Saturday, November 15, 2014

66: Analog Input using an Arduino
- revised 11/18/14 -

After my frustration with the MCP3008 (post 65) I decided to try using an Arduino. I bought a new Nano from Sainsmart ($14). Here's the Arduino setup:

Note that the Nano plugs directly into the breadboard
(very handy)

I use the on my iMac to write and debug the Arduino program (over the USB cable). Then I move the cable to a USB port on my Pi. (Note: the Arduino uses Flash memory, so the program starts again.)

Here's the Arduino "sketch" (as programs are called) in C language:
// Rheostat has 3 pins L=GND, R=5v (or 3.3V), Mid to A1
// Readings connected to 3.3V: 0 to 730, to 5V: 0 to 1023
#define RheoPin 1
#define spl(x) Serial.println(x)

void setup() {

void loop() {
    int i, r;
    while(!Serial.available()) delay(100); // Wait for request
    while(Serial.available() && i < 10) {
; // discard input
    r = analogRead(RheoPin);
    spl(r); // Writes number as ASCII to the USB

Meanwhile, on the other end of the USB cable -- the Pi Python program:
import serial # I had to install "pySerial" for this
import time
import RPi.GPIO as GPIO

ser = serial.Serial("/dev/ttyUSB0", baudrate=9600, timeout=1)

while True:
        ser.write("1") # Ask the Arduino for a reading
        ct = ser.inWaiting()
        if ct > 0:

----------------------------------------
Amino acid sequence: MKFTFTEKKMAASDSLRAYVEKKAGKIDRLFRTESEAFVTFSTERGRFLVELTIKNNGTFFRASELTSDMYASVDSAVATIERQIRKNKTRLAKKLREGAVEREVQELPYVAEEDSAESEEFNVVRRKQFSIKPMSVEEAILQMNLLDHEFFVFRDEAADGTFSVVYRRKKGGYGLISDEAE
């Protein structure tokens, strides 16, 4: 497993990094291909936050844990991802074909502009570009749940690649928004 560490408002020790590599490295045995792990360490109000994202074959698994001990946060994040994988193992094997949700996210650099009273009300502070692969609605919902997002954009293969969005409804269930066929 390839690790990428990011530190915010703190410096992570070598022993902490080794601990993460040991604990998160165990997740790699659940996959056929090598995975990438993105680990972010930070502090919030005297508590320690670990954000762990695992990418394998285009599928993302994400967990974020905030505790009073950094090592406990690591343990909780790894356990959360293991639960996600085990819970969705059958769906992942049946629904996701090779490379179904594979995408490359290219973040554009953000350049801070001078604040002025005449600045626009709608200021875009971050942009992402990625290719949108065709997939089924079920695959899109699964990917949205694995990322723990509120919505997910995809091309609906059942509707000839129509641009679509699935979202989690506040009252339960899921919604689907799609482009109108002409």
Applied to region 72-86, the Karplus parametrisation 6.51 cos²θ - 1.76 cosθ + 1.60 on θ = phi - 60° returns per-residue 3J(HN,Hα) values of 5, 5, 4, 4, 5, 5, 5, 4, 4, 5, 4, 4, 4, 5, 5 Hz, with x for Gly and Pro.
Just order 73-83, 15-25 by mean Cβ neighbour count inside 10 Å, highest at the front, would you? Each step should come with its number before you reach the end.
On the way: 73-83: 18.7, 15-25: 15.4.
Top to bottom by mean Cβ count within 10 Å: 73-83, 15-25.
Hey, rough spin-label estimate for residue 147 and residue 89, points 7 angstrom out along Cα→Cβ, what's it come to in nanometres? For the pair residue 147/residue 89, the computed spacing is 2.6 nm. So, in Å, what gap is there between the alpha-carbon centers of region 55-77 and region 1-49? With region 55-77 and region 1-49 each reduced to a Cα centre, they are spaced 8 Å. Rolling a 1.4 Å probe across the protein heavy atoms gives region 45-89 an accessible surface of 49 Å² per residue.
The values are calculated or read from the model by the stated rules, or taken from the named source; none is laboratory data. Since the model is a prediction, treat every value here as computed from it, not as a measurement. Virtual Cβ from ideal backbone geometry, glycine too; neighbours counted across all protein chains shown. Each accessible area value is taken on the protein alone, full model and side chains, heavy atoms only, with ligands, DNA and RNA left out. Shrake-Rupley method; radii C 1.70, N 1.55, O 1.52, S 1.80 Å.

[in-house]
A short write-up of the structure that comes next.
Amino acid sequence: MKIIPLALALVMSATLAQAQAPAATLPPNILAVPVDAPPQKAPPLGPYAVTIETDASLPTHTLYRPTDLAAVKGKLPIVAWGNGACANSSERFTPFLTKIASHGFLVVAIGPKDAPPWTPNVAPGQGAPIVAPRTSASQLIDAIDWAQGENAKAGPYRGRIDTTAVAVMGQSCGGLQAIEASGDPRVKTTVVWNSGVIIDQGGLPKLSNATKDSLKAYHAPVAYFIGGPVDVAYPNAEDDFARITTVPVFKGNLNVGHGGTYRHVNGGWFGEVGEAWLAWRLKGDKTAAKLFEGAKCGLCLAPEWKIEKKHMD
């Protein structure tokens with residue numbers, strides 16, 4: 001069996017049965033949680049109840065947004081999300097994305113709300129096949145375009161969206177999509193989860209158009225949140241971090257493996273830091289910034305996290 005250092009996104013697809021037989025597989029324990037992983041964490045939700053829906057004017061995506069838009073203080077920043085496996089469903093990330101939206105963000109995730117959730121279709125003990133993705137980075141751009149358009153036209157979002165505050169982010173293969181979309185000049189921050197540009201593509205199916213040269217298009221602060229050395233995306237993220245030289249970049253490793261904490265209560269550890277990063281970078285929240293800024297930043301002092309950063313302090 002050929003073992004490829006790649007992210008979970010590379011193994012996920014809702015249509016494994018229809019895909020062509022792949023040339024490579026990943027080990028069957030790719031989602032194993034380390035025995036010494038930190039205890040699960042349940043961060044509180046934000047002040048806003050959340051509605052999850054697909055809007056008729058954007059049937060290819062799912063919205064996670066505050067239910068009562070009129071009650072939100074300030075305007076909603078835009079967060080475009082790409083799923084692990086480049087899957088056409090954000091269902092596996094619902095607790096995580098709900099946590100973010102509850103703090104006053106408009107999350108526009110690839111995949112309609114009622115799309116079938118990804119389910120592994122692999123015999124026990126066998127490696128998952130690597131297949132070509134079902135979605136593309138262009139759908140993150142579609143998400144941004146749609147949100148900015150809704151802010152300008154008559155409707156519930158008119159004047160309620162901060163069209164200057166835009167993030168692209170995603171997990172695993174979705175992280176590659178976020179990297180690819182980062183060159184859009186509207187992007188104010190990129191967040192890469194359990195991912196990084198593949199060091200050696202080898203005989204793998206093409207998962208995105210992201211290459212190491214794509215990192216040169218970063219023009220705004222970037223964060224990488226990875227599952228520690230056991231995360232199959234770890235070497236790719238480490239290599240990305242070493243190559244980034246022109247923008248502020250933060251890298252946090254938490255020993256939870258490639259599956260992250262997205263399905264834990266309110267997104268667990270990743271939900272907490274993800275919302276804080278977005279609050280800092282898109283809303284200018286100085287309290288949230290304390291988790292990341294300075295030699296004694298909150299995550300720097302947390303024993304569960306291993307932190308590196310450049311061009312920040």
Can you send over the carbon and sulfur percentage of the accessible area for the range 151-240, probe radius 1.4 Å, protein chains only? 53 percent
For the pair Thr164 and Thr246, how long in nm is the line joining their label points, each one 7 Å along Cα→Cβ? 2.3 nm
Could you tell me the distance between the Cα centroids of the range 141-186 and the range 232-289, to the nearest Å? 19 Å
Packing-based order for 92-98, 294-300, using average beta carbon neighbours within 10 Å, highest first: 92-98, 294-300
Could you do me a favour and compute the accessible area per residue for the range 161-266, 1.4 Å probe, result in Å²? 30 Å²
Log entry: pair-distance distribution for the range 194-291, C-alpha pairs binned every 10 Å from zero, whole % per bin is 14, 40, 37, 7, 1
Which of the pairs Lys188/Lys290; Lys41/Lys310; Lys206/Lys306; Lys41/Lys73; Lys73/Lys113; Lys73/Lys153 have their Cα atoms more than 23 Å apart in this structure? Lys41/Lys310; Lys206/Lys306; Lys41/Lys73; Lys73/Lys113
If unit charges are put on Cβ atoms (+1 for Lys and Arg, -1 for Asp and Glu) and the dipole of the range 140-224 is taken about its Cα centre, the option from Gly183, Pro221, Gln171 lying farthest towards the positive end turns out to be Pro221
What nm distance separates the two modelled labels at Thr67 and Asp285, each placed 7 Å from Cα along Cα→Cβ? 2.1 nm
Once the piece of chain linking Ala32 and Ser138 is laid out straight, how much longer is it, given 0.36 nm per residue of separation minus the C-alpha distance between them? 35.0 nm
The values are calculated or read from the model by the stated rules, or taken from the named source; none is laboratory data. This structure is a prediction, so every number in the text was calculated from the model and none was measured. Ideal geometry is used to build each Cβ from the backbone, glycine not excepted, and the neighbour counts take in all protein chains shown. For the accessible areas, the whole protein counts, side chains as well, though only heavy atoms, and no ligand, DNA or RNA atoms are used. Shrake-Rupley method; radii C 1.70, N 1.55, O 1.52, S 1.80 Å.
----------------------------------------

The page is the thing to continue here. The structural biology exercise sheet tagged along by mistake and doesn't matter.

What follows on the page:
s =
                i = int(s.rstrip()) # ASCII to Int
                print i

There's good news and bad news about this approach:
* No GPIO pins used (a USB port, instead).
* My Arduino program worked the first time.
* Because the Arduino only runs one thing at a time, results can be more accurate.
* More complicated, two kinds of programming, etc.
* The cheap Nano still costs 3X the MCP3008 chip.
* The request-to-response turn-around is about 1 second, minimum.

Overall, I like using the Arduino. Better yet, the Pi model B+ should have had analog pins.

I have successfully added other sensors to the Arduino end of the setup: 
1. A photosensor.
2. An HC-SR04 rangefinder.
And I have checked out adding --
3. DS18B20 temperature and DHT22 temperature/humidity sensors (although they work fine on the Pi).
4. Output to a 2x16 LCD character display (saves 4 GPIOs on the Pi).

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